From the technical center of excellence of Massil Technologies, our technology leader Srini makes it easy to understand the complex situations you come across in Mule ESB from the experience of Massil Technologies to have countered them in their experience of working on client projects in real time. This blog addresses how to integrate Apache ActiveMQ with Mule ESB. This blog is a part of series of blogs being authored and published by Massil Technologies for the benefit of the IT community globally.
What is ActiveMQ?
Apache ActiveMQ is the most reputed and powerful messaging and integration patterns server in opensource. The best part of ActiveMQ is that it is lightning fast, supports multiple languages, clients and protocols. It comes with easy to use Enterprise Integration Patterns and vast gamete of advanced features that completely supports JMS 1.1 and J2EE 1.4.
Key Features of ActiveMQ:
- Supports a variety of Cross Language Clients and Protocols from Java, C, C++, C#, Ruby, Perl, Python, PHP
- OpenWire for high-performance clients in Java, C, C++, C#
- Stomp support so that clients can be written easily in C, Ruby, Perl, Python, PHP, ActionScript/Flash, Smalltalk to talk to ActiveMQ as well as any other popular Message Broker
- AMQP v1.0 support
- MQTT v3.1 support allowing for connections in an IoT environment.
- Full support for the Enterprise Integration Patterns both in the JMS client and the Message Broker
- Supports many advanced features such as Message Groups, Virtual Destinations, Wildcards and Composite Destinations
- Fully supports JMS 1.1 and J2EE 1.4 with support for transient, persistent, transactional and XA messaging
- Spring Support so that ActiveMQ can be easily embedded into Spring applications and configured using Spring’s XML configuration mechanism
- Tested inside popular J2EE servers such as TomEE, Geronimo, JBoss, GlassFish and WebLogic
- Includes JCA 1.5 resource adaptors for inbound & outbound messaging so that ActiveMQ should auto-deploy in any J2EE 1.4 compliant server
- Supports pluggable transport protocols such as in-VM, TCP, SSL, NIO, UDP, multicast, JGroups and JXTA transports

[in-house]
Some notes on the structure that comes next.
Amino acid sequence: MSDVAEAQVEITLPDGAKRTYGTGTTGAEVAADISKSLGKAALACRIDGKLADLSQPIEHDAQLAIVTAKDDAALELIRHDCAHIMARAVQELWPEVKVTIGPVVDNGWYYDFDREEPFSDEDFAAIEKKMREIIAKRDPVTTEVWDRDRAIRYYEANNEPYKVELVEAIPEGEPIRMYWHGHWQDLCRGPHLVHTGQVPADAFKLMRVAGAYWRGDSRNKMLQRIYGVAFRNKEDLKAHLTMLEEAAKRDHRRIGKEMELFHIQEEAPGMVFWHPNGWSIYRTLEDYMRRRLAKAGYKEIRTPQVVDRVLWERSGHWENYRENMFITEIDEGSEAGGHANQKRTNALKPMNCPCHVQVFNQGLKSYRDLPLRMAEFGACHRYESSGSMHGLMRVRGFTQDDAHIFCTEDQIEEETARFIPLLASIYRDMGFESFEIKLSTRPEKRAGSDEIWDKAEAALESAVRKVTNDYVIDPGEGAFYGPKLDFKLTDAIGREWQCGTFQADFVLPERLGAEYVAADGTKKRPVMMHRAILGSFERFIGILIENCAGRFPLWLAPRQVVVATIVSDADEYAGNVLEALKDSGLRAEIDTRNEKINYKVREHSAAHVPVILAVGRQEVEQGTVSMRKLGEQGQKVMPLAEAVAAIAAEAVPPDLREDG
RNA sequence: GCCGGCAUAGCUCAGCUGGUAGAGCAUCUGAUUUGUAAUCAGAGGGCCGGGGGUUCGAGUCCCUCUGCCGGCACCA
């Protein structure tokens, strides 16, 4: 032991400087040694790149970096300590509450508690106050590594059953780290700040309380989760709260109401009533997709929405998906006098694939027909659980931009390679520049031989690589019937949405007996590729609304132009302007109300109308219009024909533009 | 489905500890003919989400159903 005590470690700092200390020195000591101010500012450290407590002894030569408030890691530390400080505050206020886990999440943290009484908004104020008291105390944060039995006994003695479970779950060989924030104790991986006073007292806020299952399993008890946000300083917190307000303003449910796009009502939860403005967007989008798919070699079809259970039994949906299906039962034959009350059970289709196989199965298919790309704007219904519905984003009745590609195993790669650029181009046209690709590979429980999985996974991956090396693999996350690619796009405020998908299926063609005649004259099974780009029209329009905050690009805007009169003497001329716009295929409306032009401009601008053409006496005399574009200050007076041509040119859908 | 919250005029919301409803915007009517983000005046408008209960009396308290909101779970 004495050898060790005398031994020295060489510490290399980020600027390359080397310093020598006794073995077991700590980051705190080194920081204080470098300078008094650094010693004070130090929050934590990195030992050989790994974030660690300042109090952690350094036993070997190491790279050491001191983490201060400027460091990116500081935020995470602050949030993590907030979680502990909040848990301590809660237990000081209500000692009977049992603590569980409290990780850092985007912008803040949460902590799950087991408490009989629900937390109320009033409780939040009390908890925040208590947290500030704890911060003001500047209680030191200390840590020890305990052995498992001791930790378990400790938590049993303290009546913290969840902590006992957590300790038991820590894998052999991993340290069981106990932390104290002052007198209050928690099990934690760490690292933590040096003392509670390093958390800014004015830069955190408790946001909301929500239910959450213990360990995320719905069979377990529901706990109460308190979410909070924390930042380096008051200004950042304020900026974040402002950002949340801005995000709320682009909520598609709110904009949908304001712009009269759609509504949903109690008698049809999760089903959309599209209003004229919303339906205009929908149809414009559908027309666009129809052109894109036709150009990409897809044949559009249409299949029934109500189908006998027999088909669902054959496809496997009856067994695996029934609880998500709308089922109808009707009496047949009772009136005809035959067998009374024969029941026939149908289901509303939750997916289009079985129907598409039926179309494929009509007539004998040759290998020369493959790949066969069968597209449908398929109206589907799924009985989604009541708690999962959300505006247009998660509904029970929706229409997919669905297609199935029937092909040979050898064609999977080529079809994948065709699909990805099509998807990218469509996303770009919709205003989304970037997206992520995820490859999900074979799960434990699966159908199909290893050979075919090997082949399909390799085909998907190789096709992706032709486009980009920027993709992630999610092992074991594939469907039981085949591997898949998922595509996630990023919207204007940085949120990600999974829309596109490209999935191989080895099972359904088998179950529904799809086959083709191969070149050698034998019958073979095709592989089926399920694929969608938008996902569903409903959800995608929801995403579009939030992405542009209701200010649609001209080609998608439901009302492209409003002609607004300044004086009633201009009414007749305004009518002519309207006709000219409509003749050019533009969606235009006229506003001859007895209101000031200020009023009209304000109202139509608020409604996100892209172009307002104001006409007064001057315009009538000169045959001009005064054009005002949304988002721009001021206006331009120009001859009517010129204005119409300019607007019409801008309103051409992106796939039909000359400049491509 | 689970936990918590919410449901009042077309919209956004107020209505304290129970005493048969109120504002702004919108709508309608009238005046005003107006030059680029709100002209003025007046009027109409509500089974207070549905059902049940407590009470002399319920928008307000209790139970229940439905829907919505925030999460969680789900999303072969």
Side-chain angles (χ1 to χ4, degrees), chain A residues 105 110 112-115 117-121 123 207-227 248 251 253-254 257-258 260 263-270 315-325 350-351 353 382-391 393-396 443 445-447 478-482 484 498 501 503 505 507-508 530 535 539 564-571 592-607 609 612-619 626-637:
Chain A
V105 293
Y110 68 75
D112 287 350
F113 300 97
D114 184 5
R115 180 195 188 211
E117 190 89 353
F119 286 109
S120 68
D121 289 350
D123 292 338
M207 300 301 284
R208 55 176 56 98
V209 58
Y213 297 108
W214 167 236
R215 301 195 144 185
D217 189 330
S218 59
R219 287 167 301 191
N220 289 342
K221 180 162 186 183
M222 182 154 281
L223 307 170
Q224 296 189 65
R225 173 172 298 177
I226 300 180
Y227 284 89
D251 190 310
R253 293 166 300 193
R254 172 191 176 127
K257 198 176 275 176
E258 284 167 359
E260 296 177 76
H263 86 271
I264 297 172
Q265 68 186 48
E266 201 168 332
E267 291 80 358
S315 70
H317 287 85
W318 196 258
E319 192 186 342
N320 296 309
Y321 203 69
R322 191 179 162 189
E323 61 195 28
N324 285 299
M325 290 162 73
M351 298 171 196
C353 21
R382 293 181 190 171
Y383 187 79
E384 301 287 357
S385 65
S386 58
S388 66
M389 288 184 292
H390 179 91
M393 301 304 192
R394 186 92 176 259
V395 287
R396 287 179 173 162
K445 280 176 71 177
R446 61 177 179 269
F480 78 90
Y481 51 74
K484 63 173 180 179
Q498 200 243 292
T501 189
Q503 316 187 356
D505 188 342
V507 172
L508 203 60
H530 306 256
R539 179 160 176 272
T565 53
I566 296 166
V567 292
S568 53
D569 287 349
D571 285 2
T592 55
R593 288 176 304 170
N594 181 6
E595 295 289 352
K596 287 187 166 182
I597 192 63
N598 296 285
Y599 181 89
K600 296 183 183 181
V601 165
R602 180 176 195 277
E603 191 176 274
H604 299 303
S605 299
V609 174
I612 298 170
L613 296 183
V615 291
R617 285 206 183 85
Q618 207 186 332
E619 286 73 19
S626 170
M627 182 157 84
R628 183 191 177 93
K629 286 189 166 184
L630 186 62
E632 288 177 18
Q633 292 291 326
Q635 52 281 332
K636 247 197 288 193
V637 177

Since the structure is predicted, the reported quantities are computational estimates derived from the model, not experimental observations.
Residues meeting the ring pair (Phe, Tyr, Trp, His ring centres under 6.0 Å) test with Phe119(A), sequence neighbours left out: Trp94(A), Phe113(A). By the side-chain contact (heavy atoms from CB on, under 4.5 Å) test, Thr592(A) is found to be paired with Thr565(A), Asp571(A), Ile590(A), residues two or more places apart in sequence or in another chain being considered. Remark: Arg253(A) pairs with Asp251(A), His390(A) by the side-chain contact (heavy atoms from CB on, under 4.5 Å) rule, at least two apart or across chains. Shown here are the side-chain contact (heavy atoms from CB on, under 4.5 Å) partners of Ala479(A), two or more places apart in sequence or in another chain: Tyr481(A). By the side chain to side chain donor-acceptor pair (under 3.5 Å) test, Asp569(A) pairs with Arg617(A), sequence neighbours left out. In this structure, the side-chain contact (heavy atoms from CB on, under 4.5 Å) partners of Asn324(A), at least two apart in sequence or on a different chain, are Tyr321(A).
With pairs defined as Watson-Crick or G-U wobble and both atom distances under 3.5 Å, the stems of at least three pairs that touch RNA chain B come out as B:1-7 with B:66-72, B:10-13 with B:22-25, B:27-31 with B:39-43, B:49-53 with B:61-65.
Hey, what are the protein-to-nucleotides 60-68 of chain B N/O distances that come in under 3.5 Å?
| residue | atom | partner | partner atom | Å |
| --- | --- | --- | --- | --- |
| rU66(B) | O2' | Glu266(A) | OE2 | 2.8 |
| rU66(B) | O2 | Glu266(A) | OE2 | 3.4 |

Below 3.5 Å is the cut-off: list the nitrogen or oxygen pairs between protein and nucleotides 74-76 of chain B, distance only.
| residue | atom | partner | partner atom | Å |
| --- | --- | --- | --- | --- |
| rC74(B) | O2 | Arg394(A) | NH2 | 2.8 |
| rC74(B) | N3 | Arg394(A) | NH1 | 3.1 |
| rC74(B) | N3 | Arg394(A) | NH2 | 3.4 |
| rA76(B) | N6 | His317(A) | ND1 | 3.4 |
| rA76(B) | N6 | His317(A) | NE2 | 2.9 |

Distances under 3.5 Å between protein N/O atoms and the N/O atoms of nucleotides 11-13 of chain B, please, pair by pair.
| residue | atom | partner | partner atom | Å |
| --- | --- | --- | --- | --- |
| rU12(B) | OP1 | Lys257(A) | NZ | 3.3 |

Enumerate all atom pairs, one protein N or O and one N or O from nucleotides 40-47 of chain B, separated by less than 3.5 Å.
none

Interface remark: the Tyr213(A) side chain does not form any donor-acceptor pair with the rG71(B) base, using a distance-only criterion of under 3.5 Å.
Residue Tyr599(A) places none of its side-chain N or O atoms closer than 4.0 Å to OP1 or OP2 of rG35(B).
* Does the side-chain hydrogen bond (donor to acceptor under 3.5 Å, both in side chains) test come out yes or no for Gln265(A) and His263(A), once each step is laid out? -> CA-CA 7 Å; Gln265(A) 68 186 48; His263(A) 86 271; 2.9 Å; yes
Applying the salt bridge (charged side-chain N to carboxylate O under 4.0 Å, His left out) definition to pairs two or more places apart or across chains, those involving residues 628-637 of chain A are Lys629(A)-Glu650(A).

- Supports very fast persistence using JDBC along with a high-performance journal
- Designed for high-performance clustering, client-server, peer-based communication
- REST API to provide technology agnostic and language-neutral web-based API to messaging
- Ajax to support web streaming support for web browsers using pure DHTML, allowing web browsers to be part of the messaging fabric
- CXF and Axis Support so that ActiveMQ can be easily dropped into either of these web service stacks to provide reliable messaging
- Can be used as an in-memory JMS provider, ideal for unit testing JMS
Integrating ActiveMQ in Mule ESB:
Run ActiveMQ in your system by downloading ActiveMQ from the following link
Download the package that is most suitable for your system. Extract the file and run batch file of ActiveMQ. It will be located in the bin folder of ActiveMQ.
To run the batch file use this command in your command prompt ” ActiveMQ start”. Then it will run on your system at port no: 8161
You will find your admin portal at “http://localhost:8161/admin”
When you log in to your admin panel, it will prompt you with a dialogue box where you need to enter the username and password details as “admin” and “admin” as the default username and password for ActiveMQ.
You will see that there are two channels available to send a message to JMS:
The above image is explained with an example. In this example, we are going to create a topic called “Test”.
In Mule ESB, AnyPoint Studio, we follow the following steps:
Step-1: Create a new project
Step-2: Add HTTP connector from Mule pallet and configure it.
Step-3: Add JMS connector. Configure it as shown below
- Select topic in under Basic Settings
- Add connector configuration it will ask username and password which were used to login to your admin portal of ActiveMQ.
- Add an ActiveMQ .jar file to the project. if you don’t find activeMQ.jar file go to ActiveMQ package downloader you can find activeMQ.jar.
Step-4: In this example to see the output we are adding a logger to the flow and writing a MEL expression #[payload]
Step-5: Run the Project
After successful running of the project go to the postman and send a message and hit send. Check the log for output.
Hope this article from Massil Technologies was useful for you. If you have any further queries on this topic, please reach out to firstname.lastname@example.org.